Field of Science

Chemical Competition in Peatland Plants using the Moss Sphagnum

Laboratory Resources for High School Biology Teachers

These laboratory exercises were designed to help students to better understand the concept of chemical competition in ecology using the moss Sphagnum. These exercises aim to show students that not all competition is carried out by animals and not all competition is a physical battle, as most of the traditional examples show. By using the chemical alteration of the environment by Sphagnum, students can also be taught about pH, in a biological framework. As a result, the labs can be used in either an ecology unit or a chemistry unit, within a biology course.

Powerpoint Introduction – Includes 15 slides that introduce the concepts of competition, ion exchange in Sphagnum mosses and succession in peatlands.

Laboratory Exercise 1 – The ability to alter the pH of the water surrounding it is compared between Sphagnum moss and another non-moss aquatic plant.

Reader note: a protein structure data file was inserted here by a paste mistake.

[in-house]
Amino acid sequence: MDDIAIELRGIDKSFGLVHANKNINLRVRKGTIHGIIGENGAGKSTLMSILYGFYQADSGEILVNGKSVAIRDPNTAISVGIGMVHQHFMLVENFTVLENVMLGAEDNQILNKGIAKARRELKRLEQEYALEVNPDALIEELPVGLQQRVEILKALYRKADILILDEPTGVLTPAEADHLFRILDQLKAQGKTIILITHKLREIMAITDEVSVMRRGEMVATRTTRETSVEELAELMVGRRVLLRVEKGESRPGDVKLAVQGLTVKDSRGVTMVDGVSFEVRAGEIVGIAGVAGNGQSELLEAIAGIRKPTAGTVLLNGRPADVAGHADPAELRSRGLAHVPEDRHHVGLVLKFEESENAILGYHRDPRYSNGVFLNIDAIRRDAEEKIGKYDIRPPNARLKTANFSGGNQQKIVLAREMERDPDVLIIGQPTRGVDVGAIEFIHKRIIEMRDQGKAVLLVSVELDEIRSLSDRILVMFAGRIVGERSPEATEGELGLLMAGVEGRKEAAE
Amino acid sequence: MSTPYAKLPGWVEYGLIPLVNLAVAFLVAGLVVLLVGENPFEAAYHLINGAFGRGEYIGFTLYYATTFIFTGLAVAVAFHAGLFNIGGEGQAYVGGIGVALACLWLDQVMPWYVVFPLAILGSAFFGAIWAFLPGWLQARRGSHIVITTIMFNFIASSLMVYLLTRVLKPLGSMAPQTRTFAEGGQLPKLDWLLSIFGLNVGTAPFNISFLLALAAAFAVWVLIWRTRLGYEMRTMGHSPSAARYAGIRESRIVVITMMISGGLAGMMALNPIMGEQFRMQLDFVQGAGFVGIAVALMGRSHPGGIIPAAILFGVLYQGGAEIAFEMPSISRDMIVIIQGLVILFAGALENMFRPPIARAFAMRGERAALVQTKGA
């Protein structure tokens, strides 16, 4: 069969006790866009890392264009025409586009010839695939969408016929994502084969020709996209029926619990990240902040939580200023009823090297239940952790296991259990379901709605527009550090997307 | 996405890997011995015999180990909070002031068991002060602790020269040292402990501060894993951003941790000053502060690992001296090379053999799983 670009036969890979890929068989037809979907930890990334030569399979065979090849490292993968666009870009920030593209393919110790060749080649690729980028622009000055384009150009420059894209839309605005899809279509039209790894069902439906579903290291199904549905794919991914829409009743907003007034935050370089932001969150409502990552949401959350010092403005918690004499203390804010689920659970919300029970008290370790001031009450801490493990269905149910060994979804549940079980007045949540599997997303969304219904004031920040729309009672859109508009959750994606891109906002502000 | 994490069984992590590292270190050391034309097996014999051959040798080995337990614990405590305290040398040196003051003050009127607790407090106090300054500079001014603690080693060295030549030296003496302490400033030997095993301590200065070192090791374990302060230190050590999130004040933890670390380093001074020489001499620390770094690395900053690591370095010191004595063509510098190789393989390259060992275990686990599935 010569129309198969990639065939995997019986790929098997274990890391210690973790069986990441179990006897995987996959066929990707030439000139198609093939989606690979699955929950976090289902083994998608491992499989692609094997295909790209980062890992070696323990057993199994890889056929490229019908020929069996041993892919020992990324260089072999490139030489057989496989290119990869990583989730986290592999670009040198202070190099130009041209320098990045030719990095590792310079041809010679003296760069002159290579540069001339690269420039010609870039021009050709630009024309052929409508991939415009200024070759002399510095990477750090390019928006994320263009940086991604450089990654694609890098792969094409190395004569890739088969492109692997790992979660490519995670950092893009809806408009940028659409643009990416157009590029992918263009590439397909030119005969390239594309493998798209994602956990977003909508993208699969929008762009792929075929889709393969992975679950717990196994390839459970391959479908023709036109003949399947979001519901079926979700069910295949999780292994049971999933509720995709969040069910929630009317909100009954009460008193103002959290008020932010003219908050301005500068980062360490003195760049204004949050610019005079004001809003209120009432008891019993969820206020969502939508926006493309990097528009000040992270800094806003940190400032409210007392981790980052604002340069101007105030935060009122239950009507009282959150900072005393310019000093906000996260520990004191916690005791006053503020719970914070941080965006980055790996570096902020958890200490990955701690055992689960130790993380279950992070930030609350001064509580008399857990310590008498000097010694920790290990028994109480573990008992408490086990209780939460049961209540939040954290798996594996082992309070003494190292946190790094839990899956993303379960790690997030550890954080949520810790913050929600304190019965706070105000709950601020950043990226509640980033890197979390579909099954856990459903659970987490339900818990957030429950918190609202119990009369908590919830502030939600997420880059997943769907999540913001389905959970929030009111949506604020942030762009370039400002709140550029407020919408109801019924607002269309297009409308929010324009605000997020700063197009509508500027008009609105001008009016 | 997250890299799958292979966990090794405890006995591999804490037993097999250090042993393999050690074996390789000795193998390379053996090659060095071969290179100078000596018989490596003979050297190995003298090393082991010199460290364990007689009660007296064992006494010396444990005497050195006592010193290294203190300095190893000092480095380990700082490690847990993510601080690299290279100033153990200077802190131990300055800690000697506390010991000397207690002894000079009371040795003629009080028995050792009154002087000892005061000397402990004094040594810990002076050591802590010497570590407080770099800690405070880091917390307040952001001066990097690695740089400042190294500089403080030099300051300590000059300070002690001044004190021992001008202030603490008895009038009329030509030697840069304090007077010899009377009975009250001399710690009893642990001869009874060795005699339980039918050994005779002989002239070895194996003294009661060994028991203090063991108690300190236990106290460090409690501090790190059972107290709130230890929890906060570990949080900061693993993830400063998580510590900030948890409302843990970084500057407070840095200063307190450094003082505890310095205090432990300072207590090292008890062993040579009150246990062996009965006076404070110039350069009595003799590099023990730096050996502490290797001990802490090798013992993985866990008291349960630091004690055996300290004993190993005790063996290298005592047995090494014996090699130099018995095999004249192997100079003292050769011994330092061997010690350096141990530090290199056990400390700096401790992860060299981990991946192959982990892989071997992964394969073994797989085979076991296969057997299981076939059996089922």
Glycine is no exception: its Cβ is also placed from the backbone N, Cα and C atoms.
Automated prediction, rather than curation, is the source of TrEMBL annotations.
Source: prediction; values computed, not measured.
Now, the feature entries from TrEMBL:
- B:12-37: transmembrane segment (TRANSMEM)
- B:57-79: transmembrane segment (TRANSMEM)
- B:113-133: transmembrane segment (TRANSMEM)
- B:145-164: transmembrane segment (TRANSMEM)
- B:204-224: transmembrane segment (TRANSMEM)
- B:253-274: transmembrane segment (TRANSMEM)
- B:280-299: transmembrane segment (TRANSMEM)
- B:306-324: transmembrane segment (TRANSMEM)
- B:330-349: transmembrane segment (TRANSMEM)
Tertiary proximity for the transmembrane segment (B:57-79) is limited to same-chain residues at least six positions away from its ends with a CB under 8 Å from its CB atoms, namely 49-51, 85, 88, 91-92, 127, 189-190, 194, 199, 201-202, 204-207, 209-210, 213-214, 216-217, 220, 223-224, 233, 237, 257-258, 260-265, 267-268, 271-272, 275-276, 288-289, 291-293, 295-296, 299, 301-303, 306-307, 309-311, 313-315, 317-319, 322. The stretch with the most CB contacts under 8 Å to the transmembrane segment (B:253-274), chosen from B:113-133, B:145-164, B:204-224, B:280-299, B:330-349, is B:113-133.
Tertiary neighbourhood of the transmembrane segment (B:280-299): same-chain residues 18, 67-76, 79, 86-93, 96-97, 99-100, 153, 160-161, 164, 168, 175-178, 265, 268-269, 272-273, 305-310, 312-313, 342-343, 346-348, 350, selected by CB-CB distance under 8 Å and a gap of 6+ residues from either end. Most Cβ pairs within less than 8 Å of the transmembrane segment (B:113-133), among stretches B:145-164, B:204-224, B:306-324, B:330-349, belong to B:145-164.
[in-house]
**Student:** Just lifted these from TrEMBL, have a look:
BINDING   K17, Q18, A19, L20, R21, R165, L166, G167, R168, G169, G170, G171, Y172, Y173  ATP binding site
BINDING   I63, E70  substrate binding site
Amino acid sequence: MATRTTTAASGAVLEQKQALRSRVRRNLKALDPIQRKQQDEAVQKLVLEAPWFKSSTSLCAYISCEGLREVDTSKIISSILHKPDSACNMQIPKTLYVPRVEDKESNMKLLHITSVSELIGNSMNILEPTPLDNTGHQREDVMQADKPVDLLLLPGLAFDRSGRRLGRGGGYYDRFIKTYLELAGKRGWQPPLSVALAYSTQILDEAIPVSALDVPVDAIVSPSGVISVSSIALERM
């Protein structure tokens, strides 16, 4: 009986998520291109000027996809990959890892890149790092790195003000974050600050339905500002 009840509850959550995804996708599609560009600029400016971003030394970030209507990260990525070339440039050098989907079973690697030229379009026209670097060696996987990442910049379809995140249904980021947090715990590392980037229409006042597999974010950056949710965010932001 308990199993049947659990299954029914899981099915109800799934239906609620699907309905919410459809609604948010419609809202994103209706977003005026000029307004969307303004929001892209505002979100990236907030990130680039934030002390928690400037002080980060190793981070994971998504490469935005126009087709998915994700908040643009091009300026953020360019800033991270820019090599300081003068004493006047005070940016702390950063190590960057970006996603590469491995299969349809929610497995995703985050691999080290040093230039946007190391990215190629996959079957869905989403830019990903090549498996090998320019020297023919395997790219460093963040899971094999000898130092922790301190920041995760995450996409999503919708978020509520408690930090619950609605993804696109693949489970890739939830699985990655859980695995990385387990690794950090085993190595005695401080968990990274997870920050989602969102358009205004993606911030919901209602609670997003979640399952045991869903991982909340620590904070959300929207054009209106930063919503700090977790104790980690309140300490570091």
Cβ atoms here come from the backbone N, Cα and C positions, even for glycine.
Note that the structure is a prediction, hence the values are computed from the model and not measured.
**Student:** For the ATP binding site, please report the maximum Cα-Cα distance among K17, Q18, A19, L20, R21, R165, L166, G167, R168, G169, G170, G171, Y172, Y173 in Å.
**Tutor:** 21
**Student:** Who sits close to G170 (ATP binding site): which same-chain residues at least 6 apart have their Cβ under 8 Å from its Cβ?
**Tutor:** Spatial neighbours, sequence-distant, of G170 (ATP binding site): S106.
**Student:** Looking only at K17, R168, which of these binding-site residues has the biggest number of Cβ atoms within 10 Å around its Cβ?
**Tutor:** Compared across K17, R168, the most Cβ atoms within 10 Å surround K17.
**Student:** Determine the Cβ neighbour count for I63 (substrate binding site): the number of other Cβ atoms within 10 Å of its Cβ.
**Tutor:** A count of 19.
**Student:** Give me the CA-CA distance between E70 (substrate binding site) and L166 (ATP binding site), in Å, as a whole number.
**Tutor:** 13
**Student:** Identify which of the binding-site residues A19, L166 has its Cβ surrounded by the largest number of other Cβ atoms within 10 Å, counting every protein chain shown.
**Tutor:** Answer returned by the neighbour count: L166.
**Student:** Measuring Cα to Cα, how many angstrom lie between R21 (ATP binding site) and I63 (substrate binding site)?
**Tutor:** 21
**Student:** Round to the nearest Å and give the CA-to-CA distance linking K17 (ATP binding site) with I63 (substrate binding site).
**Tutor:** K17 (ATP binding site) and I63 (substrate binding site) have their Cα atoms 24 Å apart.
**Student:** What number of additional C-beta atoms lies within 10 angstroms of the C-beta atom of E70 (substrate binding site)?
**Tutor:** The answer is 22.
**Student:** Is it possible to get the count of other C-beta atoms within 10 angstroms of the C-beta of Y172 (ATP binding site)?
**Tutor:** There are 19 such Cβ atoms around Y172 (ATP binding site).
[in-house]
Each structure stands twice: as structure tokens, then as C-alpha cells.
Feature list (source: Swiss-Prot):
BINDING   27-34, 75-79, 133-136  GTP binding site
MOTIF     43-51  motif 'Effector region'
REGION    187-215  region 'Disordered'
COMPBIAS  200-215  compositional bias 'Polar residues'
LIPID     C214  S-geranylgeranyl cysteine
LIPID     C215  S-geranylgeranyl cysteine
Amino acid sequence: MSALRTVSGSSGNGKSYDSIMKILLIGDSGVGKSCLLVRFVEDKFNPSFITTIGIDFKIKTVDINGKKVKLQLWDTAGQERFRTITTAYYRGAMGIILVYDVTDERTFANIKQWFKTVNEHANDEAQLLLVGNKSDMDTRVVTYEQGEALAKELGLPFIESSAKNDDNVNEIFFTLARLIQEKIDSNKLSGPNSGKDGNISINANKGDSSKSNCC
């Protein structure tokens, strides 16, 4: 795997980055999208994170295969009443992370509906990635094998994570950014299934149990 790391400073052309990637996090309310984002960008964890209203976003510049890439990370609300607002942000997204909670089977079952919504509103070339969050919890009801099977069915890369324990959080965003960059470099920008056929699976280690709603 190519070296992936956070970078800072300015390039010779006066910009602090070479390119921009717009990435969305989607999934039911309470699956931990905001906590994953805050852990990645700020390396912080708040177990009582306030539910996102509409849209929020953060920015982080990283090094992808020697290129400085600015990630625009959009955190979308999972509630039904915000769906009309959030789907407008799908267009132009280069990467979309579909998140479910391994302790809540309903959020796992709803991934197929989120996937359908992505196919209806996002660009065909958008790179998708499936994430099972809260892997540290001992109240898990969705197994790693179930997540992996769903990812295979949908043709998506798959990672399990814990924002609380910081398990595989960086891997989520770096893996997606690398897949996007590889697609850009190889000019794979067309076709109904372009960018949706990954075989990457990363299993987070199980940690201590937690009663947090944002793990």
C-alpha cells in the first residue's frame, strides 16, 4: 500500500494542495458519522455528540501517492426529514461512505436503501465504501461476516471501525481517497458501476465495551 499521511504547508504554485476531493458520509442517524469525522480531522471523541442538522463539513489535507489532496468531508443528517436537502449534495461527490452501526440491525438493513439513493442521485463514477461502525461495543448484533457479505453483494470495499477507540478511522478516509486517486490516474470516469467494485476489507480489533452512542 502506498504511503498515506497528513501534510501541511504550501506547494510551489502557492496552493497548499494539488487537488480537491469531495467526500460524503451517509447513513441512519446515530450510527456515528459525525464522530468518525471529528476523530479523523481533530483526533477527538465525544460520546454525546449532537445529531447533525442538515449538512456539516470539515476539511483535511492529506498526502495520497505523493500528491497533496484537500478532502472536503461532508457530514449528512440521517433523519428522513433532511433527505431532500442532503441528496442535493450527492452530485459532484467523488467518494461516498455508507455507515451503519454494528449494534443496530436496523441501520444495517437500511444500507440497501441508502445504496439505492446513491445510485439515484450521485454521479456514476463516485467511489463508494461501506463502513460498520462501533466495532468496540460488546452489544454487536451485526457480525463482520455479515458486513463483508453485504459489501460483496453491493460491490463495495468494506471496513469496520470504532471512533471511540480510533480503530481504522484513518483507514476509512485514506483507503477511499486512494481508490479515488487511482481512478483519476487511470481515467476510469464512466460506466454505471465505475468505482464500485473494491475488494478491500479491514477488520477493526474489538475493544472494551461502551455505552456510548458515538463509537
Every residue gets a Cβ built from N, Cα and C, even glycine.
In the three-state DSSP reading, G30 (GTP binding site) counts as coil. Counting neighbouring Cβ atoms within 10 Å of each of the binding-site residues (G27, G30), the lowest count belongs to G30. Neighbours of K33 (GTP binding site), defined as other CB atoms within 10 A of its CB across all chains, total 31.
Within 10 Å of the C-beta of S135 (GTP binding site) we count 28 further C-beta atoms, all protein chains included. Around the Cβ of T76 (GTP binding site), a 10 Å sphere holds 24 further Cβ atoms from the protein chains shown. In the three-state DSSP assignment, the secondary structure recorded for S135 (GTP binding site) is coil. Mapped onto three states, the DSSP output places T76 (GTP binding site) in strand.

Laboratory Exercise 2 – The ability of Sphagnum to alter the pH of the water surrounding it is compared with and without additional ions.

Teacher’s Notes – Pre-laboratory preparation, data collection, and Sphagnum collection are covered.

Credits: These resources were developed by Jon Swanson, M.S. (Edwin O. Smith High School, Storrs, CT), Jessica Budke, M.S., and Bernard Goffinet Ph.D. (Department of Ecology and Evolutionary Biology, University of Connecticut, Storrs, CT) funded by a grant from the National Science Foundation (DEB-0919284).

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